Christians have always fasted during the season of Lent. The season that begins Ash Wednesday lasts forty days, not counting Sundays, and ends on the day before Easter. These forty days represent the time Jesus spent in the wilderness, when he was tempted by Satan before beginning his earthly ministry. It’s a season of self-examination when we assess our life and priorities. In this season, we repent where needed and we fast. We repent to get right with Jesus. We fast to get to know Jesus more and more. In fasting we temporarily remind ourselves that in giving up something good, like food, we see our need for something greater — namely, Jesus and his power and love in our lives. I love this season.
As you probably know, Christians aren’t the only ones who fast. In fact, in Acts 23, Paul is testifying before the Sanhedrin and a brouhaha breaks out among the Sadducees and the Pharisees over what Paul is saying. Then verses 12-13, tell this bizarre account: The next morning the Jews formed a conspiracy and bound themselves with an oath not to eat or drink until they had killed Paul. More than forty men were involved in this plot.”
What’s crazy in Acts 23 is not that forty people agree to murder Paul (remember these same guys were instrumental in Jesus’ crucifixion). It’s crazy that these men decided to fast food and drink until they were able to commit their evil deed. They were fasting to do something very, very wrong. What’s sad about this messy affair is that these conspirators had a greater level of commitment to do something wrong, than a lot of Christians have for doing something holy and right.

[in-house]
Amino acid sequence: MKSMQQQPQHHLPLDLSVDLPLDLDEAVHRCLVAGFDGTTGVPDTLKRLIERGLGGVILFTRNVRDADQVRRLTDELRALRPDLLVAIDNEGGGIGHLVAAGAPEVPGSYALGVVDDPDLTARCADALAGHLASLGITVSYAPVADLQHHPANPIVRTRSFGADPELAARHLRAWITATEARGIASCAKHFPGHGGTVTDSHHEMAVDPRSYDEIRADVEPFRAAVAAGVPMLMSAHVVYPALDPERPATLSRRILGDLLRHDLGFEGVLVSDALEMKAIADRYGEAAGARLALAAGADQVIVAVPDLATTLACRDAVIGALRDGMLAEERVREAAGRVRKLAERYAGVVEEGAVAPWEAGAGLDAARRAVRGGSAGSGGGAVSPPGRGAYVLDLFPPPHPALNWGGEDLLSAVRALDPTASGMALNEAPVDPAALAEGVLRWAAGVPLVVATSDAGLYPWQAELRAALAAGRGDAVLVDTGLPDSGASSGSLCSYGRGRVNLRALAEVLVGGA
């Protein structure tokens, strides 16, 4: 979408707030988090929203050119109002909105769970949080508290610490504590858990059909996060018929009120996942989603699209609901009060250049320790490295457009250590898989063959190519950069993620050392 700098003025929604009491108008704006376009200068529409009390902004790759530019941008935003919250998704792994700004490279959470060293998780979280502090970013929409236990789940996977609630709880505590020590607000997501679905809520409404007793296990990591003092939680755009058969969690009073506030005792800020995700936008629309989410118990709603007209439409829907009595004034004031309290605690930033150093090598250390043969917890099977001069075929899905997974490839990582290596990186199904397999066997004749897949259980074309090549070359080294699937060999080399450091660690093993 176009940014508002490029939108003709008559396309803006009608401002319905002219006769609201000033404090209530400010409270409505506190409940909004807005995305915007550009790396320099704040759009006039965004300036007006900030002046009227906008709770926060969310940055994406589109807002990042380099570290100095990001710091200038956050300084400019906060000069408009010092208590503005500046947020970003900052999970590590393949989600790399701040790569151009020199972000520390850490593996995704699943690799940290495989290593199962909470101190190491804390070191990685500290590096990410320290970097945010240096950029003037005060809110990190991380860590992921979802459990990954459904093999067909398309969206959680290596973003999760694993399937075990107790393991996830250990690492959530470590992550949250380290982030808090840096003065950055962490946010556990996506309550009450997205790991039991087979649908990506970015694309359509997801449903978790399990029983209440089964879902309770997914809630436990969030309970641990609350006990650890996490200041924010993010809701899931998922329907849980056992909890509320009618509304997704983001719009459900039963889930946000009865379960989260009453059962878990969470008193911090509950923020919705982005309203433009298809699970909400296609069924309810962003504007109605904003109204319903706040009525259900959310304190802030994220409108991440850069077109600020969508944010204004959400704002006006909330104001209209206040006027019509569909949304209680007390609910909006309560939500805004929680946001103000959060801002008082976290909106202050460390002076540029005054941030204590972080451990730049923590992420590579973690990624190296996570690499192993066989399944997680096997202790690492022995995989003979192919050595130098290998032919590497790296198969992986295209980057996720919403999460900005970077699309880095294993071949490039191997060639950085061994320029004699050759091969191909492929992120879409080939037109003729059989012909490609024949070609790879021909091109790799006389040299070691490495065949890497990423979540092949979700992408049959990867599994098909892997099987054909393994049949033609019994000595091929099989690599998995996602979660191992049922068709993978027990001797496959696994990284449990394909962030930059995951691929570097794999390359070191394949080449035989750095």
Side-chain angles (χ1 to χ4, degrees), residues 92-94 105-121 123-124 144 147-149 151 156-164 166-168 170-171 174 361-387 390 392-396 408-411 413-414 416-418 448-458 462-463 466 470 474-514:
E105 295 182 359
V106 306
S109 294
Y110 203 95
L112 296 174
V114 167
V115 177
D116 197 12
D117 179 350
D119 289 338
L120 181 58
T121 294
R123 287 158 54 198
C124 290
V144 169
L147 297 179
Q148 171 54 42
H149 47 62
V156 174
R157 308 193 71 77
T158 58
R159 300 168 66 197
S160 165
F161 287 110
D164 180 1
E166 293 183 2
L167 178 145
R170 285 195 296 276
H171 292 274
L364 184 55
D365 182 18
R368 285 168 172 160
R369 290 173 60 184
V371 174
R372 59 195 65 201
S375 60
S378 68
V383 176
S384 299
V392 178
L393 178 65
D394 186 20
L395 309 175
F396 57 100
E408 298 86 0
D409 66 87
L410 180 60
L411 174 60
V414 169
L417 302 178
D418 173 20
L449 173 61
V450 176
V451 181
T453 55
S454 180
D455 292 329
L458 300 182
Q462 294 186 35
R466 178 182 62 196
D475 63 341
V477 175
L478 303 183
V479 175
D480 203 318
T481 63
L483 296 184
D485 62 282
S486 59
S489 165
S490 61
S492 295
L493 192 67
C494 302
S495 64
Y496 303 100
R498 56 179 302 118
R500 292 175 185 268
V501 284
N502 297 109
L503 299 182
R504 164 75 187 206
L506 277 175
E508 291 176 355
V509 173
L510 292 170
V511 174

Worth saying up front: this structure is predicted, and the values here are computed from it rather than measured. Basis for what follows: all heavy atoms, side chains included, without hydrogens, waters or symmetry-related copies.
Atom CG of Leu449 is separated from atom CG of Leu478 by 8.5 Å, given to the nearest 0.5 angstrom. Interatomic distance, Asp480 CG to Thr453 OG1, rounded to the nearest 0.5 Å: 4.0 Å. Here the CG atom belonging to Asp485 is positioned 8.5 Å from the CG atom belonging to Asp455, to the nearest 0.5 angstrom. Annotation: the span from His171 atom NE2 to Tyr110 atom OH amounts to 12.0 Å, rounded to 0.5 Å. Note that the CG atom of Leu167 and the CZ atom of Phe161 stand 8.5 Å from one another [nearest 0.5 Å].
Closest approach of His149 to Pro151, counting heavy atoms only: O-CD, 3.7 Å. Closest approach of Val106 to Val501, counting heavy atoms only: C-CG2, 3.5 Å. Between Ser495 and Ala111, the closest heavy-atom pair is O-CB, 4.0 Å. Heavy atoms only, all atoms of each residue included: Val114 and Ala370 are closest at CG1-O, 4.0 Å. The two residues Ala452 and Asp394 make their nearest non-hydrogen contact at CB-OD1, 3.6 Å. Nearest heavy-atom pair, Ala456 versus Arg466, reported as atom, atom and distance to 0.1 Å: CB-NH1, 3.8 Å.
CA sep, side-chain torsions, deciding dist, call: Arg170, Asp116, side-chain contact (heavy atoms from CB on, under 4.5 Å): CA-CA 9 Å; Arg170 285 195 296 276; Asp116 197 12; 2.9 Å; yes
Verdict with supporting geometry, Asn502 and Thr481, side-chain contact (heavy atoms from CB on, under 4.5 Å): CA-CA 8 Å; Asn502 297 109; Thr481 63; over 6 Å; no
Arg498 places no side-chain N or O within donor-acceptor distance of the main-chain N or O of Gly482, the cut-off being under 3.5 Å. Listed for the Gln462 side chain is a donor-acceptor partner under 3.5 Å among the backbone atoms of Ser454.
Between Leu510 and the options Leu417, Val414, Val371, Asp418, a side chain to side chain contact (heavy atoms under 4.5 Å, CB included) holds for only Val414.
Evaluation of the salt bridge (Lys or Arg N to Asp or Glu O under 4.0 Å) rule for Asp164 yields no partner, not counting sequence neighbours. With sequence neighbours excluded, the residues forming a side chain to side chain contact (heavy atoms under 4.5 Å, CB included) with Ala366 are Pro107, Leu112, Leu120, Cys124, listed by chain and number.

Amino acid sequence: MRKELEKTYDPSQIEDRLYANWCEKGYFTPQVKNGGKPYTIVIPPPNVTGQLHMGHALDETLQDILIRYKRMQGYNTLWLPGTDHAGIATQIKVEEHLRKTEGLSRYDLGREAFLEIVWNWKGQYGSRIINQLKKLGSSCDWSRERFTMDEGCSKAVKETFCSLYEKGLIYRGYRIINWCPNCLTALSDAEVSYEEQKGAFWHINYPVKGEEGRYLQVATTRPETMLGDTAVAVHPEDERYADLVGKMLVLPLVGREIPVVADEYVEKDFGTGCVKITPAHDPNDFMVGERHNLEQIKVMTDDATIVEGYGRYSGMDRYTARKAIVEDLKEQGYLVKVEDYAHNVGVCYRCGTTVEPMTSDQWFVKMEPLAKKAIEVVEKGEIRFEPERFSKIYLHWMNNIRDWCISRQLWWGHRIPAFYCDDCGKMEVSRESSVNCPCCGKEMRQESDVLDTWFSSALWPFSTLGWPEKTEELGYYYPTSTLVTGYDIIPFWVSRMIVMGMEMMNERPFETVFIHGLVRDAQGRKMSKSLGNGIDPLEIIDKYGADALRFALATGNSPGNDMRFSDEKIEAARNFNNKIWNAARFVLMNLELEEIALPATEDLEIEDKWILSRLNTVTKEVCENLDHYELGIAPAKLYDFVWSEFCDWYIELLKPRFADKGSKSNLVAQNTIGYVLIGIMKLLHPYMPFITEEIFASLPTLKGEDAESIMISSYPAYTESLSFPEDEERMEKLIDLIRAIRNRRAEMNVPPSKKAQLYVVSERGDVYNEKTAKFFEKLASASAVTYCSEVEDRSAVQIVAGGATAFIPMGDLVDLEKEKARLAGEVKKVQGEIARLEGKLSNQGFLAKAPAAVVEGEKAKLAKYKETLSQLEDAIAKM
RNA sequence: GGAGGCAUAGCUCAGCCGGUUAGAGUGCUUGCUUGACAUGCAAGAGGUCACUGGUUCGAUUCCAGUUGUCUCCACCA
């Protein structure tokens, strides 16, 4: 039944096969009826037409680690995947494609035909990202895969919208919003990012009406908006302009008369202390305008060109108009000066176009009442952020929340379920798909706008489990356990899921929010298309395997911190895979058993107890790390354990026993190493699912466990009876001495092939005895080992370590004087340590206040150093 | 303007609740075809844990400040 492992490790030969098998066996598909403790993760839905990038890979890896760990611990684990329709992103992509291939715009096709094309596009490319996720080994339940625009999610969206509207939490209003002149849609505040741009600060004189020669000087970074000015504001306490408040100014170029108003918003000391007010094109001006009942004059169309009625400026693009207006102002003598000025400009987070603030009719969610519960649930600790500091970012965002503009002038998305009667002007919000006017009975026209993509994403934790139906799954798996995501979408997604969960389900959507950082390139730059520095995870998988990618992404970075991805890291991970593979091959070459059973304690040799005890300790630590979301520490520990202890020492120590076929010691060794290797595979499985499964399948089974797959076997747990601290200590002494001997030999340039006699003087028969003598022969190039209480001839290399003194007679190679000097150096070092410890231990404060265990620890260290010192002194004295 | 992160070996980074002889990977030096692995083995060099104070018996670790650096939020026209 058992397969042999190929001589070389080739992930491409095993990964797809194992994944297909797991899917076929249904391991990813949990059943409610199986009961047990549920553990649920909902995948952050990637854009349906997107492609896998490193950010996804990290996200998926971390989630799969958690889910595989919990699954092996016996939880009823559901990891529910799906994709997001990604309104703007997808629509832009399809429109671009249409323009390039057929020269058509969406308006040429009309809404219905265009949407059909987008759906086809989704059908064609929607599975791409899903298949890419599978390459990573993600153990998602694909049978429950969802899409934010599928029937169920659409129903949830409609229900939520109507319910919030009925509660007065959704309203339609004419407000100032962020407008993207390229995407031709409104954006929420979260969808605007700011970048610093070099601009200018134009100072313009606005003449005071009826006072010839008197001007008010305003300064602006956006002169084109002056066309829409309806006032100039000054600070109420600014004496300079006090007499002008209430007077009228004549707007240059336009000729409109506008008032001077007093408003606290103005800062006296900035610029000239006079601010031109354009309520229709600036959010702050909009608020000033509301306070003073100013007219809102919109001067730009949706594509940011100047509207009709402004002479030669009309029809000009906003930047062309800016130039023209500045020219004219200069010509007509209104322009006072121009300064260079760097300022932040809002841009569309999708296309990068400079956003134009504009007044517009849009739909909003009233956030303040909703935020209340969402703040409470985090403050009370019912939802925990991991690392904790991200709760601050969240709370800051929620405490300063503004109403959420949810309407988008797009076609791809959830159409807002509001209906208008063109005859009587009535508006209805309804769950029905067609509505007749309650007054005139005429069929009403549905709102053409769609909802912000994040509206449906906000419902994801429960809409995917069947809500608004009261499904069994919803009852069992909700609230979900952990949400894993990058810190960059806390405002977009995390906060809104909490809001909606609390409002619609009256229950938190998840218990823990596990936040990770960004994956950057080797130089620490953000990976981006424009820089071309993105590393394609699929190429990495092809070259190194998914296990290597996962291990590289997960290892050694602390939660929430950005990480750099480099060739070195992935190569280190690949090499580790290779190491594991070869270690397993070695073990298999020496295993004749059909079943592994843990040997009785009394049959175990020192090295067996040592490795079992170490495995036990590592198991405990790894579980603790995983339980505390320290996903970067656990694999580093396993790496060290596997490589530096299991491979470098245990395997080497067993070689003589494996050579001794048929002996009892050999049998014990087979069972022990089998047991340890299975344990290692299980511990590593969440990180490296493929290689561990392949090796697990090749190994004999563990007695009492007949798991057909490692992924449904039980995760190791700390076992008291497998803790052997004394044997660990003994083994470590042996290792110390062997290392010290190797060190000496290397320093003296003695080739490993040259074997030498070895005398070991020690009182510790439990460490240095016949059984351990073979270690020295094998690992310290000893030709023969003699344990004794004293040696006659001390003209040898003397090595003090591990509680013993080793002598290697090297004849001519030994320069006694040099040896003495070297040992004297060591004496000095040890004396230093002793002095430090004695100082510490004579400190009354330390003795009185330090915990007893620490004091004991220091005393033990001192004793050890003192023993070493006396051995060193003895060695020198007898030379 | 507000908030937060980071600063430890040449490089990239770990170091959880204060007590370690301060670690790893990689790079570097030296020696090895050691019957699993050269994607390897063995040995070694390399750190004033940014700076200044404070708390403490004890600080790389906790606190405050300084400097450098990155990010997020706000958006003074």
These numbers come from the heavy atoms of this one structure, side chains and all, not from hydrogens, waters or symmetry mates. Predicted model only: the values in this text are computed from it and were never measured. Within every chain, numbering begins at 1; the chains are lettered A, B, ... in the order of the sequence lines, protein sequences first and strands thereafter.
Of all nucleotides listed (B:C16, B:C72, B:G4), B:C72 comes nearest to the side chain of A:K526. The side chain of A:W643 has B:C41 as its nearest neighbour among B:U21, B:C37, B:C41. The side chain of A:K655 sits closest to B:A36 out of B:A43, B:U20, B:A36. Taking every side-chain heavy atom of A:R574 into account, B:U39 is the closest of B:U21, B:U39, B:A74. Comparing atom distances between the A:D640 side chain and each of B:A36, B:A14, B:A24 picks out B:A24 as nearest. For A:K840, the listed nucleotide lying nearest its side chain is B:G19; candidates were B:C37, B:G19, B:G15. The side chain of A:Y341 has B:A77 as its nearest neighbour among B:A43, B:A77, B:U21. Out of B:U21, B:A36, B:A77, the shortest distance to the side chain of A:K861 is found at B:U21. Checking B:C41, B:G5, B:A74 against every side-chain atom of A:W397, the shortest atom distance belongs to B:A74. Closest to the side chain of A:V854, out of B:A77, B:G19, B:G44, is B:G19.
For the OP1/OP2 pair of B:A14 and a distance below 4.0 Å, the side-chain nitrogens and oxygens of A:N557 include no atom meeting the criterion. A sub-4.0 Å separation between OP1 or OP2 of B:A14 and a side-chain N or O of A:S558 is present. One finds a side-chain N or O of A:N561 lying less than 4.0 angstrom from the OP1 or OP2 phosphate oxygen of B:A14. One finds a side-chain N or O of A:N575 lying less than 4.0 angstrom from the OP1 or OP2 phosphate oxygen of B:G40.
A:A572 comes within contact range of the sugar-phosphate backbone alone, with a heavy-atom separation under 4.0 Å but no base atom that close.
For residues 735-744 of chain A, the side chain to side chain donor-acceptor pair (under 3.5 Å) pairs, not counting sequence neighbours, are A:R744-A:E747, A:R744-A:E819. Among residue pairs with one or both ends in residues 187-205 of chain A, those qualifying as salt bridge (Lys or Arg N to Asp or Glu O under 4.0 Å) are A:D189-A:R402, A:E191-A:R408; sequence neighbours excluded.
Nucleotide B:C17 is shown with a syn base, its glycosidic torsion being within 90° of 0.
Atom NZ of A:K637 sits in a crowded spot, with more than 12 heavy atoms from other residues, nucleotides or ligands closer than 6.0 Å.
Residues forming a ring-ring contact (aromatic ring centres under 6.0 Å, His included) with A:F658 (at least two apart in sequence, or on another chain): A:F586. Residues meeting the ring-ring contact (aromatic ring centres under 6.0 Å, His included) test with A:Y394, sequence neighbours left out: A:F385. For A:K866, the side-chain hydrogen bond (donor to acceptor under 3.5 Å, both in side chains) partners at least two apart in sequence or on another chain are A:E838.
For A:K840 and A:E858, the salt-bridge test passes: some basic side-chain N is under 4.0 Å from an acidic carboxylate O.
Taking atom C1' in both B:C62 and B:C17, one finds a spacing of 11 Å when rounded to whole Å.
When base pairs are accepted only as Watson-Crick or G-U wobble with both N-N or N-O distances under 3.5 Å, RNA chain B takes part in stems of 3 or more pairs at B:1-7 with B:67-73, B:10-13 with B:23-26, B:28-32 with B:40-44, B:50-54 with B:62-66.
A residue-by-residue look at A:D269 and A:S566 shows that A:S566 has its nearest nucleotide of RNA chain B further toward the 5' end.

Maybe it shouldn’t shock us. You know cowardly people who expend more energy to gossip, spread lies and tear people down in person or on the internet, than true believers spend in lifting others up. I know people who give generously to causes like Planned Parenthood and animal rights, when Christians struggle to obey God in tithing. I have a writer friend who writes and re-writes his prose wanting each word to be perfect, while some pastor friends throw a few words together with little thought and call it a sermon (I assume they hope that God will somehow transform their lack of preparation into something worth hearing. Rarely does God, to the sorrow of their yawning congregations, work such a miracle). To the shame of all believers, too often non-believers are more committed to their ungodly causes than followers of Jesus are to the Gospel.
Here’s my big question as we embark on another Lenten season: Could you be inspired by the commitment level of would be murderers in Acts 23 to motivate you to raise your commitment level to Jesus today? Consider how you might draw closer to Jesus in this upcoming season of Lent. Is there anything between you and Jesus? Confess it and move on. What might you fast as you earnestly seek the Lord with all your heart? Lent is almost here. Let’s get ready!